Elizabeth Warren Was a Boss

Elizabeth Warren raises her hands while speaking into a microphone.
She killed. Mario Tama/Getty Images

I have no idea if one strong debate performance will be enough to reinvigorate Elizabeth Warren’s presidential bid after her disappointing finishes in Iowa and New Hampshire. But the senator seemed to give her campaign some new, much-needed energy on Wednesday night during the Democratic showdown in Nevada, where she pretty much laid Michael Bloomberg out on the stage and then ran a truck back-and-forth over him while the crowd cheered like it was a Monster Jam rally. Then she gunned it for her other opponents.

I mean, it was brutal. It was crushing. It was a command performance full of zingers that drew roars, even if they were a bit obviously pre-written. And perhaps everyone should have seen it coming. Warren, after all, has often been at her best during this primary campaign when going toe-to-toe in the media with billionaires fearful of her candidacy. What better foil could she ask for than Bloomberg, the billionaire former mayor of New York who has surged in the polls after blitzing the country with TV ads, despite his history of lewd and sexist comments and conservative positions on law enforcement and finance? On Wednesday night, Warren stood just to Bloomberg’s left, which allowed the cameras to capture one face-to-face confrontation after another.

It started from the moment Warren opened her mouth. “I’d like to talk about who we’re running against: a billionaire who calls women ‘fat broads’ and ‘horse-faced lesbians,’ ” she began. “And no, I’m not talking about Donald Trump, I’m talking about Mayor Bloomberg.” The line elicited a long, low “oooooooooooh” from the audience, while Warren continued to cast her opponent as Trump lite:

Democrats are not going to win if we have a nominee who has a history of hiding his tax returns, of harassing women. And of supporting racist policies like redlining and stop and frisk. Look, I’ll support whoever the Democratic nominee is, but understand this: Democrats take a huge risk if we just substitute one arrogant billionaire for another. 

The pulverizing continued from then on. Every time Bloomberg tried to defend himself over a controversy, Warren was there to undercut him. When the mayor tried to show remorse over stop and frisk (“we stopped too many people,” he admitted), Warren eviscerated his apology: “This isn’t about how it turned out—this is about what it was designed to do to begin with. It targeted communities of color. It targeted black and brown men from the beginning.” When he tried to push back against the accusations that his firm was rife with sexism (“In my company, lots and lots of women have big responsibilities. They get paid exactly the same as men.”), Warren had another withering response. “I hope you heard his defense. ‘I’ve been nice to some women,’ ” she said to laughter and applause. “That just doesn’t cut it.” That set up the most dramatic moment of the night, when Warren challenged Bloomberg to release former employees from nondisclosure agreements they signed barring them from talking about their claims of discrimination or harassment. Bloomberg demurred, but in the process made a horribly cringe-y aside: “None of them accuse me of doing anything, other than maybe they didn’t like a joke I told,” he assured viewers. The crowd jeered. Bloomberg tried to trudge on. But Warren wouldn’t let up. “This is not just a question of the mayor’s character. This is also a question about electability,” she said. “We are not going to beat Donald Trump with a man who has who knows how many nondisclosure agreements and the drip, drip, drip of stories of women saying they have been harassed and discriminated against. That’s not what we do as Democrats.” There was more wild applause. Bloomberg looked ashen and wan, the opposite of the commanding Trump killer he’s pitched himself as to voters.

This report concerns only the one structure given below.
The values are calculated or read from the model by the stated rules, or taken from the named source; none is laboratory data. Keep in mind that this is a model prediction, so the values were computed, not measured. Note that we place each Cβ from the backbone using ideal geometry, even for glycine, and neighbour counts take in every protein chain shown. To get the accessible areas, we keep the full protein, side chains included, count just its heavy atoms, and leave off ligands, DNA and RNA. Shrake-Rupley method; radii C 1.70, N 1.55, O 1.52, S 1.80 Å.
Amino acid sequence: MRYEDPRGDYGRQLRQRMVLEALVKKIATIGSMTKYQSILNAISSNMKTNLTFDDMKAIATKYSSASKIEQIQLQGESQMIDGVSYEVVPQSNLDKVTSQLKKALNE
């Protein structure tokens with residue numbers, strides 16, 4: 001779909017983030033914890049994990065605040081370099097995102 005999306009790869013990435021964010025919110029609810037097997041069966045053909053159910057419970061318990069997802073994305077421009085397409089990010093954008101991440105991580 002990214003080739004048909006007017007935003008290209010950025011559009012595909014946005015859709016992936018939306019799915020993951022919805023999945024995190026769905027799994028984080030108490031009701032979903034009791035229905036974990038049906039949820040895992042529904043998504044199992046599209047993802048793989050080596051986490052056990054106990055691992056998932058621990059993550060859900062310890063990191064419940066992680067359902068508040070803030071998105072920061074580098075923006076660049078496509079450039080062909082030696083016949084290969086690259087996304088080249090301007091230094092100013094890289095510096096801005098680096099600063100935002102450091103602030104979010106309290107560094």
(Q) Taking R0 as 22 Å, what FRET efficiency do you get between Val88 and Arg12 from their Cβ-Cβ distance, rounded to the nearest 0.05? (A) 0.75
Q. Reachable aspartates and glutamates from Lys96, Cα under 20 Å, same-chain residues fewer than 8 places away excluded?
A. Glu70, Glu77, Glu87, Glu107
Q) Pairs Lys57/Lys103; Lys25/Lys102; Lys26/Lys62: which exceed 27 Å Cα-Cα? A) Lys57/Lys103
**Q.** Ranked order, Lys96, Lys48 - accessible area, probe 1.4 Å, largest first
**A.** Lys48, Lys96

Warren didn’t only aim at Bloomberg. She also took swings at Pete Buttigieg and Amy Klobuchar over health care, for instance, resorting to some nerdy but memorable disses of the supposed quality of their proposals. “Mayor Buttigieg really has a slogan that was thought up by his consultants to paper over a thin version of a plan that would leave millions of people unable to afford their health care. It’s not a plan. It’s a PowerPoint. And Amy’s plan is even less. It’s like a Post-It note: Insert plan here.” After running into trouble by waffling health care, Warren was attempting to reassert herself as the party’s fighting wonk, while cutting down two opponents who’ve won over many of the college-educated voters she needs to win.

Warren had other good moments too. When Bloomberg referred to her as “the senator next to me,” she turned, glared, and said “Elizabeth”—another pointed, real-time reminder that Bloomberg seems to have trouble talking to or about women. Were all of her attacks fair on substance? Not necessarily. She suggested that Bloomberg supported redlining, the discriminatory practice through which banks refused to lend in black and other minority neighborhoods. That’s almost certainly not true, despite the way some people have interpreted awkward, recently surfaced audio where the mayor talks about the subject. Buttigieg’s health care plan is much more substantive than she let on. (Klobuchar’s could, however, be fairly described as a Post-It note.)

But debates aren’t about being scrupulously fair. They’re about scoring points and demonstrating your presence on stage. After months of seemingly fading toward the background, Warren gave everyone a reminder that she’s at her best when she’s fighting, especially someone with a massive fortune. It may or may not be enough to bring back her candidacy from the brink. But I’m sure at least a few voters found themselves thinking it would be fun to see her give Donald Trump the same treatment as the billionaire she embarrassed in Nevada.